An attempt by a feminist political party in the UK to win its first seat in parliament is being derailed by bitter in-fighting.
The Women’s Equality Party wants to make its mark by campaigning in the constituency of Shipley, West Yorkshire, at Britain’s snap general election in June.
But the move has outraged local feminists, who have accused the WEP of arrogance and attention-seeking which will ultimately harm their cause.
Party leader Sophie Walker (pictured above) will be the WEP candidate, despite living in London, 207 miles away.
She chose Shipley because it is currently represented by Philip Davies, a vocal opponent of modern feminism who also writes a weekly column for Heat Street.
Her (almost certainly doomed) attempt to win the constituency was announced with much fanfare in the left-leaning Observer newspaper at the weekend.
But since then, the Shipley Feminist Zealots group – founded specifically to oppose Davies – has been at the WEP’s throat.
Its spokesman, Jenny Wilson, went on the attack in an interview with BuzzFeed News.
Wilson called Walker’s candidate “grandstanding”. She added: “It’s putting your own interests before actually considering the needs of the people on the ground, and that’s disappointing.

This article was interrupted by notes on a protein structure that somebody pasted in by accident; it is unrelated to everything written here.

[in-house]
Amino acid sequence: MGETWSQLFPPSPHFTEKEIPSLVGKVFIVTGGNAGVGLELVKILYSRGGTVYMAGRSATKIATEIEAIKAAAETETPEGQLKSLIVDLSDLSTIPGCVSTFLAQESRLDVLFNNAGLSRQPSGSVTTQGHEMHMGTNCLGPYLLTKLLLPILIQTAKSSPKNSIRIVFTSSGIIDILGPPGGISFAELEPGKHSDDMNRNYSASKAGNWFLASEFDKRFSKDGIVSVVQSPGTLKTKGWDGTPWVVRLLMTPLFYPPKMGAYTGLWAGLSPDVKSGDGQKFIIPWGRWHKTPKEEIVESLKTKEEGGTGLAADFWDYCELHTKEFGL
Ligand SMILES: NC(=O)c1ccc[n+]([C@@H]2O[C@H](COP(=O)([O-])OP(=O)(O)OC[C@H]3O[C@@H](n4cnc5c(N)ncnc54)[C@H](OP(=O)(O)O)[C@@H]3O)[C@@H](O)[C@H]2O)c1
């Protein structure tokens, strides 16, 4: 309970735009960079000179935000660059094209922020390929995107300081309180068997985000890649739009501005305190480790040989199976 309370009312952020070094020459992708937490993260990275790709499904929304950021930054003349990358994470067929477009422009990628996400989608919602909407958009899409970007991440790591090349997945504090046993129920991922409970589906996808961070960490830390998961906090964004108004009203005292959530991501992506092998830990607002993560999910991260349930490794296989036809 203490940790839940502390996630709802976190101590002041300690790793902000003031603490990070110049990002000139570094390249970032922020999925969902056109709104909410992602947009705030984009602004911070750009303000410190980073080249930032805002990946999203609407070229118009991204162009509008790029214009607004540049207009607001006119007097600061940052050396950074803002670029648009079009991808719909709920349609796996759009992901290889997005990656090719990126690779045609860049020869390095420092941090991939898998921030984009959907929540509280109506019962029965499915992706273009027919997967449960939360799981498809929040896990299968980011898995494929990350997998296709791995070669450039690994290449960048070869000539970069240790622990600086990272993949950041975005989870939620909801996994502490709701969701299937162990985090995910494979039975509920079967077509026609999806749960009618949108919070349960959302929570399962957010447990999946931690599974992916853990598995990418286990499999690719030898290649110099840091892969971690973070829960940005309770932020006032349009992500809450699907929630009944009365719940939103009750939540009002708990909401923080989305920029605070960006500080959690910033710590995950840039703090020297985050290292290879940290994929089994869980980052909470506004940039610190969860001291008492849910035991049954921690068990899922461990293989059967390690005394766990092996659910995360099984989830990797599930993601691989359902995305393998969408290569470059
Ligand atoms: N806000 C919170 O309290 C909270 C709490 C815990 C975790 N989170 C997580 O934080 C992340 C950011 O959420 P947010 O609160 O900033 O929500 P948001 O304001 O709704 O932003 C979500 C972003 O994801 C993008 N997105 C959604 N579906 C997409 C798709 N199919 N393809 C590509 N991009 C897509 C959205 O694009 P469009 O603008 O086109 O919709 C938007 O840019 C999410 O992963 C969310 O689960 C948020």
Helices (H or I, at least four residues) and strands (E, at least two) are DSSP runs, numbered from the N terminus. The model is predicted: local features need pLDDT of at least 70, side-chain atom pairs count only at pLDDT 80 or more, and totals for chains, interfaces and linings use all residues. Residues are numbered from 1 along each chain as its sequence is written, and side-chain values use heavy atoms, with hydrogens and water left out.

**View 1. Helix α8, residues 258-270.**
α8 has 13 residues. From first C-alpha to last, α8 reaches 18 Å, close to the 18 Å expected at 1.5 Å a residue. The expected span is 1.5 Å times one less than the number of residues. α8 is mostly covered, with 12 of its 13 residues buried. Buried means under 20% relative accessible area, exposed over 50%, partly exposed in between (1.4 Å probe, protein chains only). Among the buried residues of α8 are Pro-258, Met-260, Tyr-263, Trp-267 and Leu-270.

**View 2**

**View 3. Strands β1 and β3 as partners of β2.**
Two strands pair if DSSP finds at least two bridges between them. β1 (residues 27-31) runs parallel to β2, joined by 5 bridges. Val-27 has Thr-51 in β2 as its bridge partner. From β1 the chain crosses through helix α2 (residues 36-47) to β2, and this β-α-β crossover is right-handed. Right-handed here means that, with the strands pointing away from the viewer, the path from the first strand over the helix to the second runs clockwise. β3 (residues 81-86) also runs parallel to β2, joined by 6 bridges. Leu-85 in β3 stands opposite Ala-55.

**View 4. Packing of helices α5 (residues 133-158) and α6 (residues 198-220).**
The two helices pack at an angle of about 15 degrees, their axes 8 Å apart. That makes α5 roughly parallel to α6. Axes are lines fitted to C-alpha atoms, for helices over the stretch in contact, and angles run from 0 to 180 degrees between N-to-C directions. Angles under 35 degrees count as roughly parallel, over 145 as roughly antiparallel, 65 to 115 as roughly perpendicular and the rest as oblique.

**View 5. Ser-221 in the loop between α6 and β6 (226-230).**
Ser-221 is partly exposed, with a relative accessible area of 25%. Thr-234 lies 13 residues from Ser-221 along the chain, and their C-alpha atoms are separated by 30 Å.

“I’ve lots of sympathy for WEP’s agenda, of course I do, but the way they’ve gone about it is unfortunate.”
Opposition has been building online as well. Another local opponent, Kristina Diprose, wrote the following in response to a gushing article on feminist site The Pool in support of Walker:
FFS as a Shipley feminist activist I’m feeling mightily let down by the London-centric media hype around Sophie Walker. Have you seen the response from local women to this news on the WEP Facebook page?
That a lot of us are dismayed at having a candidate parachuted in from London for a publicity stunt?
Do you know that there is a massive grassroots group of Shipley feminist campaigners organising against Philip Davies since last August, that the WEP has completely failed to engage with?
A spokesman for the party made a spirited attempt to defend Walker’s candidacy, claiming that her family lives in Yorkshire even though she does not.
The WEP stands practically no chance of victory – in 2015 Davies got 50% of the vote, 19% clear of his nearest rival. National polling suggests that, if anything, his majority will increase.
Instead, the contest is largely an opportunity for groups like the WEP to cement their reputation in the minds of the electorate.
Unfortunately for them, it appears that this reputation is less likely to be as fearless campaigners for equality – and more as conceited metropolitan elitists who are prepared to trample local women in pursuit of some flattering headlines.